Polygon-to-Polygon Spatial Accessibility Using Different Aggregation Approaches: A Case Study of National Forests in the US Mountain West Region
Spatial accessibility is an enduring topic of spatial analysis that is intimately tied to issues of spatial representation and scale. A variety of methods to measure accessibility have been developed with most research focusing on metropolitan-sized spatial extents using census-defined aggregation units and relying on vector point representation to calculate Euclidean or network distances as key ingredients in measure formulations. Less research considers broader scales where both origin and destination points are treated as polygons. This research develops alternative gravity-based measures of polygon-to-polygon accessibility for a case study of county-level accessibility to national forests in the western US. Different methods of county and forest representation are implemented using census block centroids and a lattice approach for disaggregation and re-aggregation. Other characteristics that are analyzed include origin-destination linkage definitions, population weighting, and distance thresholds. Correlation analysis is used to assess relationships of alternative measures with a simple percentage measure and with each other. Low correlations would suggest that measures capture different aspects of accessibility that are related to their qualitative characteristics. Results show the alternative measures to be dissimilar from the percentage measure; however, high correlations among alternative measures suggest that there is little to differentiate certain disaggregated measures in spite of their richer qualitative interpretation.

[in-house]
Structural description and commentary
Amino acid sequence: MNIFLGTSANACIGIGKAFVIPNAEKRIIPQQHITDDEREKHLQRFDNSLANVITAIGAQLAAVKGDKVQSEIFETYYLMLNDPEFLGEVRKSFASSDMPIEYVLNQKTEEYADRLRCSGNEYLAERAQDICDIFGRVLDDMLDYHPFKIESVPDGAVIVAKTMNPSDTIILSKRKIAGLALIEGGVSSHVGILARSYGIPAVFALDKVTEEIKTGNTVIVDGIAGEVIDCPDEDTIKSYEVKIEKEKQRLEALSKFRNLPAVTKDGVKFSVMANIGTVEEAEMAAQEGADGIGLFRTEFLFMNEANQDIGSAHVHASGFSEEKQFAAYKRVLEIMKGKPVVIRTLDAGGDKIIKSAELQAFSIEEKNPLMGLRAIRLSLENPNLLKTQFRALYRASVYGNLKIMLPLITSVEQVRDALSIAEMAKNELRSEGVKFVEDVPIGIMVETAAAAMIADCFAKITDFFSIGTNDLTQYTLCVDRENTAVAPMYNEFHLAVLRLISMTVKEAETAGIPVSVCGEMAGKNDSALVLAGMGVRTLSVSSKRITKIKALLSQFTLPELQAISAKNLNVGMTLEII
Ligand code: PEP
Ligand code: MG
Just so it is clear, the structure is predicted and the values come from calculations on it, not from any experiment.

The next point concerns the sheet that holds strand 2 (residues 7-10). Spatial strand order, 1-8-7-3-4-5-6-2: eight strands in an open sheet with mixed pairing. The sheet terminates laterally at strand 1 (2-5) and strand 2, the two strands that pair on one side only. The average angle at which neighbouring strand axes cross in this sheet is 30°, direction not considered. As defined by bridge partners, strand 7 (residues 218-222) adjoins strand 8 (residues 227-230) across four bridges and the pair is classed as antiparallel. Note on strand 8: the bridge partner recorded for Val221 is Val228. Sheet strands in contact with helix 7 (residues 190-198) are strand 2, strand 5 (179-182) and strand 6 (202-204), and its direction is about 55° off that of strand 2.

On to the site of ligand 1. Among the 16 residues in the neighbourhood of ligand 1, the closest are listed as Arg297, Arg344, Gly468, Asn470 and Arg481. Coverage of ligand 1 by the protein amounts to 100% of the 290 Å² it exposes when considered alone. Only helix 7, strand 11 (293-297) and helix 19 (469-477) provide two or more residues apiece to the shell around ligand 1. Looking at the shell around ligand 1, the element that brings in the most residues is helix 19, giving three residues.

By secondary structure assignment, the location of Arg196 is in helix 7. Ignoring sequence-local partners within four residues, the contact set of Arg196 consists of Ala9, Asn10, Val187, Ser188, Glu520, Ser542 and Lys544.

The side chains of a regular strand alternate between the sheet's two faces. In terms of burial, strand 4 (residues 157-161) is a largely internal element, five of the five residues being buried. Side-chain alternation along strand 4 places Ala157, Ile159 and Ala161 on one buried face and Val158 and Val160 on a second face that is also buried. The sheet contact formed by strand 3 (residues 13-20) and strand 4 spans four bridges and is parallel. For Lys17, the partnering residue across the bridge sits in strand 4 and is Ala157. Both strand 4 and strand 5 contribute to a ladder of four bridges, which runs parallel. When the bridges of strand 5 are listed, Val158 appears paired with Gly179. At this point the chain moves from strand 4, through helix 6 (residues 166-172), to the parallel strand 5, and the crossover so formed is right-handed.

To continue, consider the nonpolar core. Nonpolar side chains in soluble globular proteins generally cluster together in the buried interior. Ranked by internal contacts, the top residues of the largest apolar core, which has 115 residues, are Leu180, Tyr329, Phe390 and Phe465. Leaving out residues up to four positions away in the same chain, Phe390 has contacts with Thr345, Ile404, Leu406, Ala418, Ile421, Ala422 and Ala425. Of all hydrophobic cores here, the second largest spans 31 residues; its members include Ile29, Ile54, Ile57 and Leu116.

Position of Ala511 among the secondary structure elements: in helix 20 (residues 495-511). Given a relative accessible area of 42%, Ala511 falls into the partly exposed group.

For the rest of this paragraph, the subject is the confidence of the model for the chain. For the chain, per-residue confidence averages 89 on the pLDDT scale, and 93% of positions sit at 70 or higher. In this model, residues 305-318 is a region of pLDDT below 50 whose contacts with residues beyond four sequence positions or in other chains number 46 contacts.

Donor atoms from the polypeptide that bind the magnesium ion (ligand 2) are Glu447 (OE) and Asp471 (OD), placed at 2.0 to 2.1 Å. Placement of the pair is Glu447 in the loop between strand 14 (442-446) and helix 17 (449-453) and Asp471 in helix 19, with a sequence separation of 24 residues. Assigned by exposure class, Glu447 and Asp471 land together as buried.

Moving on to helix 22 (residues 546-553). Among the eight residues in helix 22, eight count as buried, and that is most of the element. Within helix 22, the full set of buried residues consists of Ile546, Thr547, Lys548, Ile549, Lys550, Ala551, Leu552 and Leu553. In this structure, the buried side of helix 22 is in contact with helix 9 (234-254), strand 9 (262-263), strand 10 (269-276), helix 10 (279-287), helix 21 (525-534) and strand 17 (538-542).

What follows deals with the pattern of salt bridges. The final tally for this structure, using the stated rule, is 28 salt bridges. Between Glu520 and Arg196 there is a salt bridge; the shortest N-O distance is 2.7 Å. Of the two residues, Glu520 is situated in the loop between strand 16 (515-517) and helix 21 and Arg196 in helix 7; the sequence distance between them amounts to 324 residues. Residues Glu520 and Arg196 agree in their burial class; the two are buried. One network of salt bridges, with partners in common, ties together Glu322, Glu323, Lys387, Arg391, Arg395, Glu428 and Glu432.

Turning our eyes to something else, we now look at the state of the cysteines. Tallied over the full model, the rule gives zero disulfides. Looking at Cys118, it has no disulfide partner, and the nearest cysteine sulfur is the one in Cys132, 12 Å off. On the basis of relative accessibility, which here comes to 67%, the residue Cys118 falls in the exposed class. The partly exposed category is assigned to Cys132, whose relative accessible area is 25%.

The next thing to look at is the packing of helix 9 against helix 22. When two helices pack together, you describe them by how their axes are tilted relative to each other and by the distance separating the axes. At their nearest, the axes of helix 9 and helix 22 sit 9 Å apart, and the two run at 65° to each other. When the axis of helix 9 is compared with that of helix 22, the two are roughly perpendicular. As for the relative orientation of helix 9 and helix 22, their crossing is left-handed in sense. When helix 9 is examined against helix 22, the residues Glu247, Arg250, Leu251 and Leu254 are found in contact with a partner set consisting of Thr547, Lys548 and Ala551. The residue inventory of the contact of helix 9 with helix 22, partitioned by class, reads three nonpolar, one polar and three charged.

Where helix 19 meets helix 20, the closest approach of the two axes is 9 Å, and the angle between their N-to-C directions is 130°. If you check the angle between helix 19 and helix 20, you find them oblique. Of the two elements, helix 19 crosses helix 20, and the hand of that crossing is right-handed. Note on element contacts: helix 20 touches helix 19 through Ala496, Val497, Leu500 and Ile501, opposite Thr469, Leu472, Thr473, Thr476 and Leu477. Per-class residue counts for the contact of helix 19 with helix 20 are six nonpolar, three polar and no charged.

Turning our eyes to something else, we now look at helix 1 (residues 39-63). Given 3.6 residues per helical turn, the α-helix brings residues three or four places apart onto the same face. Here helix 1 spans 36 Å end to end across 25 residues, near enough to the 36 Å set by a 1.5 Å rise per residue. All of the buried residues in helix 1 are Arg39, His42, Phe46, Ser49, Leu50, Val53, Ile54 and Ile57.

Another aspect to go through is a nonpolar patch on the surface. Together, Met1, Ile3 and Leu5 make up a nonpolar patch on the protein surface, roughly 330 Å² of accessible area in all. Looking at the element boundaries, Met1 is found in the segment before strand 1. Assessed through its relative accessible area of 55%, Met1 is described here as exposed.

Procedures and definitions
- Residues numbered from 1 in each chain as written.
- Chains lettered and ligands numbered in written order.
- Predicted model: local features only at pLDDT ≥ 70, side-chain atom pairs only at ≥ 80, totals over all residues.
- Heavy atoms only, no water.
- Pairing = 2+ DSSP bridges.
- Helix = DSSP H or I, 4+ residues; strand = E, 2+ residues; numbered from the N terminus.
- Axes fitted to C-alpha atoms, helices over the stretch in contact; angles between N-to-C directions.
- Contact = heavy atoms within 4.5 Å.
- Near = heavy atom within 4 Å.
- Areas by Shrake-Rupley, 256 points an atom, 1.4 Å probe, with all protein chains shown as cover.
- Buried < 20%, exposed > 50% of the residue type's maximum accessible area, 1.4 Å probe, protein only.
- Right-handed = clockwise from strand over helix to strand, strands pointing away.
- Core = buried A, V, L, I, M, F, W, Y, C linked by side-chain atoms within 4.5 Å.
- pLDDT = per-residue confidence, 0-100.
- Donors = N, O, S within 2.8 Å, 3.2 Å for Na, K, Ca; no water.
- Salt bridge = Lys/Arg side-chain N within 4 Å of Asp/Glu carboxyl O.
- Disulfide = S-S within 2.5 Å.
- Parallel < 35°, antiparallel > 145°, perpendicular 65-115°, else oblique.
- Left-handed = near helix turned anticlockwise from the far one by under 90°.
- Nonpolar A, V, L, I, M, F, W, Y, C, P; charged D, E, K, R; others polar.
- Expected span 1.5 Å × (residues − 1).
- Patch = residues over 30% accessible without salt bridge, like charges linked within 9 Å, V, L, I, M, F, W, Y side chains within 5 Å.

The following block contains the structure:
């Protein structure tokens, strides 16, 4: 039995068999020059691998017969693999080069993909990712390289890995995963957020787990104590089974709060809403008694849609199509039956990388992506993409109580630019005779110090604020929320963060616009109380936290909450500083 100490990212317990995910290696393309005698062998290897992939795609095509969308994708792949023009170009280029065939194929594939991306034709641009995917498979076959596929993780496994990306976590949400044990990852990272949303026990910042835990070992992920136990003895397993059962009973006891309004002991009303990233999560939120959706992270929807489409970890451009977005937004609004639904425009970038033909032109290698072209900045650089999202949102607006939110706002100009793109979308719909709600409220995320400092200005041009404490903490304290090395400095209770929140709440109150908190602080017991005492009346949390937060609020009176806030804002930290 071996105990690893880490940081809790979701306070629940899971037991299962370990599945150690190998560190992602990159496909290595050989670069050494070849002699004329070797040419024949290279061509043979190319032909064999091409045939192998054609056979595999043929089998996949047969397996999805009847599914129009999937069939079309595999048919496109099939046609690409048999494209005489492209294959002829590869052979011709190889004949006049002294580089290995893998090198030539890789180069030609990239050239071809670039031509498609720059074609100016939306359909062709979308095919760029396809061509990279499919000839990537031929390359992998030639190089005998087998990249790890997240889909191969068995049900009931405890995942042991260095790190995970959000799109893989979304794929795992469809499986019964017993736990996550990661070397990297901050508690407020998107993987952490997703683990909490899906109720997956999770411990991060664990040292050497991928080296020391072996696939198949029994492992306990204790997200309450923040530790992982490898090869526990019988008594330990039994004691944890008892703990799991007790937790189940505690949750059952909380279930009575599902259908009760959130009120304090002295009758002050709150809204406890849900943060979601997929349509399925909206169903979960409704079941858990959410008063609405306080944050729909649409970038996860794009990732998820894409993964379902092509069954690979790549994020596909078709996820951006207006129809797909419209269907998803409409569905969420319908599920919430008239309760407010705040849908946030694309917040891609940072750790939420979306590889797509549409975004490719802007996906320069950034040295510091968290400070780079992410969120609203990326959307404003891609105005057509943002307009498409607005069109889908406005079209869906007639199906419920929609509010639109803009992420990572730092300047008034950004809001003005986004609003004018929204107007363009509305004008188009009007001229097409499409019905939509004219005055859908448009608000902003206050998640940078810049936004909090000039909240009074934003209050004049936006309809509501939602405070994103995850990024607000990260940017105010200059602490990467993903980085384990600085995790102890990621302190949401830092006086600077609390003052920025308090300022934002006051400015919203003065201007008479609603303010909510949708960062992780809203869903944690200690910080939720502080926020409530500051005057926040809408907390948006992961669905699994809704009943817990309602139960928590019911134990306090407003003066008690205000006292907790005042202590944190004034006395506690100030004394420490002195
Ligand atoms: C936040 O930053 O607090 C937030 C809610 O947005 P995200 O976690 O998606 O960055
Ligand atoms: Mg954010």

Document Type: Research Article
Publication date: 2006-01-01